The first time she was raped, school officials told her she was lying. They even demanded she write and hand-deliver an apology letter to her attacker. Twisting the knife a little deeper, the school expelled her for the rest of the year. The devastating sequence of events that followed suggests that school officials may actually have wanted the girl to have been attacked, or punished for speaking-out, once more She was raped by the same boy in the library the following year.
According to the Springfield News-Leader, the 7th grade special education student at Republic Middle School in Springfield, MO reported her rape in the spring of 2009. School officials refused to believe her, and after suffering through “multiple intimidating interrogations,” she recanted the claim. What’s more, a school psychologist’s report said the girl “would forego her own needs and wishes to satisfy the request of others around so that she can be accepted.” In other words, the already victimized twelve-year-old might have taken back her statement after school officials demonized her for being raped.
When she returned to school the following year, the school refused her mother’s request for extra monitoring and did not separate her from her rapist who, thanks to the apology letter, knew she had told. If the school wanted the girl to be victimized a third time, they got their wish. In February 2010, the lawsuit says her attacker “was able to hunt [her] down, drag her to the back of the school library, and again forcibly rape her.” This time, she and her mother reported the rape to the police, and a rape kit tested positive for her attacker’s semen. He plead guilty to charges in juvenile court.
The school’s next move made it clear that it was not lack of evidence fueling officials’ accusation that she was lying, but a deep-seeded hatred for women: Incredibly, the twelve-year-old rape victim was suspended for for “Disrespectful Conduct” and “Public Display of Affection” - two absolutely disgusting ways to categorize rape. The school had victimized the girl a fourth time, slut-shaming a rape victim for an attack that happened on school property, and one her mother sought to prevent by requesting their separation.
Her lawsuit requests damages for medical expenses, emotional distress, and attorneys’ fees, in addition to “punitive damages to deter School Officials and others from similar conduct in the future.”
But the school district denied every one of the girl’s allegations, as well as responsibility for the attack, the same way they denied her rape.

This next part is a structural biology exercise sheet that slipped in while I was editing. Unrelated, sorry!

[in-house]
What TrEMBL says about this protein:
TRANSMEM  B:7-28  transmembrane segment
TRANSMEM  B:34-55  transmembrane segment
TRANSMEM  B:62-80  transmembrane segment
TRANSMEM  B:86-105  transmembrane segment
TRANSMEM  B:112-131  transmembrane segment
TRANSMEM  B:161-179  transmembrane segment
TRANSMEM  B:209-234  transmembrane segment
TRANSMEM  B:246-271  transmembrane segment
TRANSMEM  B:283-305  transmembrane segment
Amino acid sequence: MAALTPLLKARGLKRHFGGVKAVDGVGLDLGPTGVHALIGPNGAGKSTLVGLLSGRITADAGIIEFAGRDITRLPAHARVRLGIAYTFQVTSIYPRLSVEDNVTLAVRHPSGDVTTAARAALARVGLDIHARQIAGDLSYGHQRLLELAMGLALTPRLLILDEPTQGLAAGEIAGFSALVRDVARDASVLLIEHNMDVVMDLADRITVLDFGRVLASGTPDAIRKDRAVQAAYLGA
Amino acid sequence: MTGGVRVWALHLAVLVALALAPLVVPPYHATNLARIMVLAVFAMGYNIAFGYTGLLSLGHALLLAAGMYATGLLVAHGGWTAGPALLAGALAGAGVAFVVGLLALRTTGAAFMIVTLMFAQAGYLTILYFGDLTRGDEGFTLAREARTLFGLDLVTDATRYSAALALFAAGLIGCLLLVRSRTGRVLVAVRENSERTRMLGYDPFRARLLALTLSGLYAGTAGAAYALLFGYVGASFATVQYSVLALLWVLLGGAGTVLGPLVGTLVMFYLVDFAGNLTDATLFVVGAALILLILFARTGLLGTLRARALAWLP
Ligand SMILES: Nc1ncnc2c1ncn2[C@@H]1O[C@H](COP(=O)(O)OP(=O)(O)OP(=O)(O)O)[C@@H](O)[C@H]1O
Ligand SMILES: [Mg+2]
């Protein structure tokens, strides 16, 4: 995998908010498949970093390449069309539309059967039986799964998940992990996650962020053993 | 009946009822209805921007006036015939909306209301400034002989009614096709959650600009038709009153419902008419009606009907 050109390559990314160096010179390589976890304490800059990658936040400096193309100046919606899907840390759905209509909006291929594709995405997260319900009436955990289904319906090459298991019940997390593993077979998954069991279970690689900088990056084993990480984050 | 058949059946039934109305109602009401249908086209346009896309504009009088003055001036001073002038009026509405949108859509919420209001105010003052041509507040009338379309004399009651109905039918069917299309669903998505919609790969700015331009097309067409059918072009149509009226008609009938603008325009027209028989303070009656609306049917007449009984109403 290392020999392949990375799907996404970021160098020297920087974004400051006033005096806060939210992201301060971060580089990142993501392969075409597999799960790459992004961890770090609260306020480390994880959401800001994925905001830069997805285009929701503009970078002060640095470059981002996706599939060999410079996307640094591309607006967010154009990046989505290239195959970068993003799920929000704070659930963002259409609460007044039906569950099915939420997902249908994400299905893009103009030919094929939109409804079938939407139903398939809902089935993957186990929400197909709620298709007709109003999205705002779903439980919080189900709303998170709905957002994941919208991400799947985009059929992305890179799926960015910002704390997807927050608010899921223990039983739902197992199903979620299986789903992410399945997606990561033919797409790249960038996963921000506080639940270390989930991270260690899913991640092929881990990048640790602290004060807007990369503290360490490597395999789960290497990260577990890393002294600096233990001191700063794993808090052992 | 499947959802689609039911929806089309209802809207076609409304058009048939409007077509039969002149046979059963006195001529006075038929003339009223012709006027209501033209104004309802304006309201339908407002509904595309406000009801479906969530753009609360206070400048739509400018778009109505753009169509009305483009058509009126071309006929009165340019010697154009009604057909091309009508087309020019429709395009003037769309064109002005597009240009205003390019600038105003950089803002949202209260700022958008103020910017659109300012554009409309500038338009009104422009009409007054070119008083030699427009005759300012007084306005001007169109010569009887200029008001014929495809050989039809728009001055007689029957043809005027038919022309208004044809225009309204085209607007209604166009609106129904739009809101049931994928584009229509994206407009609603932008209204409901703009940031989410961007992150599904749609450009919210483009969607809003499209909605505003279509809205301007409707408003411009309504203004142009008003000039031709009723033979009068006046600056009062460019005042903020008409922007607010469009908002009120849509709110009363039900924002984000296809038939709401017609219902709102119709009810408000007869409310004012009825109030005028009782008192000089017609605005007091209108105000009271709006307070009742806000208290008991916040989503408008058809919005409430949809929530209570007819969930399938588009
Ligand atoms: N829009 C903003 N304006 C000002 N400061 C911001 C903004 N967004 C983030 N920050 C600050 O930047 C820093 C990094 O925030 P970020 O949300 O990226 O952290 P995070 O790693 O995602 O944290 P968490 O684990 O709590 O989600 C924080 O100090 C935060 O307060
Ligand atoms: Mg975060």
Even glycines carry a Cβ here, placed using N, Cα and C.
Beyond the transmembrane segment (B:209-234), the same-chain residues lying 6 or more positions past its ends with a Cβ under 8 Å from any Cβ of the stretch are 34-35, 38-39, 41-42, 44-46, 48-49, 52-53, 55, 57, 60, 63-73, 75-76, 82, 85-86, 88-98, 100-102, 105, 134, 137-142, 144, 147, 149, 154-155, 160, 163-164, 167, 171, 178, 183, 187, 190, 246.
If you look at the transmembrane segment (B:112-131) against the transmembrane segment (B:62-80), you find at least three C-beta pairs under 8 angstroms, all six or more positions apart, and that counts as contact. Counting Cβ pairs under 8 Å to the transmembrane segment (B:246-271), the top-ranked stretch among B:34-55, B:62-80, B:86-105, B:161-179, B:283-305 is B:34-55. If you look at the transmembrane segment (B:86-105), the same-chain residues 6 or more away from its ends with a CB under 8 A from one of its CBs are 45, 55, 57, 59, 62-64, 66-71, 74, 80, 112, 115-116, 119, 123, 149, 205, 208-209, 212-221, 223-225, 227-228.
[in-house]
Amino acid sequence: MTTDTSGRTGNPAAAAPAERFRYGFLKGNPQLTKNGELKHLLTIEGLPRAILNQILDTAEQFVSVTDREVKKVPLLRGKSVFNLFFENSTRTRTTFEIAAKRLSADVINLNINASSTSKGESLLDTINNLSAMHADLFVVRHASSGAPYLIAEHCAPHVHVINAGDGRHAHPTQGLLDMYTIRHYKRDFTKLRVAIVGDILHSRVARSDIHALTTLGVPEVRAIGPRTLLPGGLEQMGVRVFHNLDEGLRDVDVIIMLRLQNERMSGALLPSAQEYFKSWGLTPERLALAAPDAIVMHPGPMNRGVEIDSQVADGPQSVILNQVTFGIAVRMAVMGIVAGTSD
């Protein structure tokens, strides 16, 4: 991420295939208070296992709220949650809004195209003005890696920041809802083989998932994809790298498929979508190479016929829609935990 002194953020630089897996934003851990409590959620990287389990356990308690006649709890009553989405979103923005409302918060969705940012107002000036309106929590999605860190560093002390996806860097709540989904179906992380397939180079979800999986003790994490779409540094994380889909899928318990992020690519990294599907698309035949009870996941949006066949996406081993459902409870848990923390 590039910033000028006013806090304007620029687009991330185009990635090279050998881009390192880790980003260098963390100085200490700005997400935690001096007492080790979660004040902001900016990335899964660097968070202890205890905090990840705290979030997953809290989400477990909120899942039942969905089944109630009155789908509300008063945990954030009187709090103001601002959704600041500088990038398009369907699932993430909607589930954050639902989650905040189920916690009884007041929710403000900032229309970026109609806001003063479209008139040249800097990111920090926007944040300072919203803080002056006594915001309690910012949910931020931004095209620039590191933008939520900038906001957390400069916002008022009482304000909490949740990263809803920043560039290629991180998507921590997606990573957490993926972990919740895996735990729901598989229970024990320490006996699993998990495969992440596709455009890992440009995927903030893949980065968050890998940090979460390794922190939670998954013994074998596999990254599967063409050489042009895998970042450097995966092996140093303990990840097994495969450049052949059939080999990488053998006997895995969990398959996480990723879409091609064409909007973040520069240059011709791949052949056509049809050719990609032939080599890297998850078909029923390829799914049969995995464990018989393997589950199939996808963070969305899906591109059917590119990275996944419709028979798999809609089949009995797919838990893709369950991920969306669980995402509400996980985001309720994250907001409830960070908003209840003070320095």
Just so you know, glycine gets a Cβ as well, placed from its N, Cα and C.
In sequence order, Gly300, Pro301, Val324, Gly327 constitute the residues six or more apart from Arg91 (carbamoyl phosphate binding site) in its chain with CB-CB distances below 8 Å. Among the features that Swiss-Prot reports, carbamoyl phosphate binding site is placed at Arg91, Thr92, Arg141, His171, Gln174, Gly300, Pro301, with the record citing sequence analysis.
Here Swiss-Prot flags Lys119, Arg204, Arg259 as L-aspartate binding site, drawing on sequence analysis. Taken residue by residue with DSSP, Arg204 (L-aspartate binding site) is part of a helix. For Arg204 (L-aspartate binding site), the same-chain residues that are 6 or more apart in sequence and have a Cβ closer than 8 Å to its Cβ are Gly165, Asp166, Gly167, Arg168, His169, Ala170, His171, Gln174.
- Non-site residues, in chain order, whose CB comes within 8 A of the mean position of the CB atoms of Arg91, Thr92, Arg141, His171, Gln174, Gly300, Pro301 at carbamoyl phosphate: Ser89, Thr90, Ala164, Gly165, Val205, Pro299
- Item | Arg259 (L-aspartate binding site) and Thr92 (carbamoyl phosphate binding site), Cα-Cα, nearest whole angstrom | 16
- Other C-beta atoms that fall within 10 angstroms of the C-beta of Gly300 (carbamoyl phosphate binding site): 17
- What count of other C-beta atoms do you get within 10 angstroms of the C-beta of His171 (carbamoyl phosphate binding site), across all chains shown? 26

In one of the most brazen examples of “blaming the victim” in recent memory, a school in Springfield, Missouri, has, according to a lawsuit, not only dismissed the rape claims of a seventh grade special education student, but also forced the girl to write and hand-deliver an apology letter to her alleged attacker. The lawsuit claims that the same student later raped her again. The school and other defendants have denied all charges.
According to the lawsuit, after the second attack, a rape kit was administered and the boy pleaded guilty to unspecified charges in juvenile court. But the school still refused to take the girl seriously — and even suspended her again, this time for “Disrespectful Conduct” and “Public Display of Affection.” The seventh grader reported her rape in the spring of 2009, and even though school officials are required by law to report such incidents to the authorities, Republic Middle School failed to do so:
The lawsuit alleges that school officials told her they didn’t believe her, and after “multiple intimidating interrogations,” she recanted. The lawsuit also notes that a school psychological report said the girl “would forego her own needs and wishes to satisfy the request of others around so that she can be accepted,” meaning she might have been especially susceptible to pressure to change her story.
But the pressure allegedly didn’t end there. The girl says she was made to write an apology note to her attacker and hand-deliver it to him. She was also expelled for the remainder of the school year.
When she came back the following year, the school allegedly refused her mother’s request for extra monitoring and did not separate her from her alleged attacker. In February 2010, the lawsuit says he “was able to hunt [her] down, drag her to the back of the school library, and again forcibly rape her.” She and her mother reported this rape to the police, and a rape kit tested positive for her attacker’s semen — he plead guilty to charges in juvenile court.
The lawsuit claims that the school forced the girl to write this apology letter without seeking her mother’s permission, and then expelled her for filing a false report. When the same student began harassing and assaulting her again when she came back to school, she did not tell school officials because she was afraid they would accuse her of lying and kick her out again. The victim’s family is seeking punitive damages “to deter School Officials and others from similar conduct in the future.”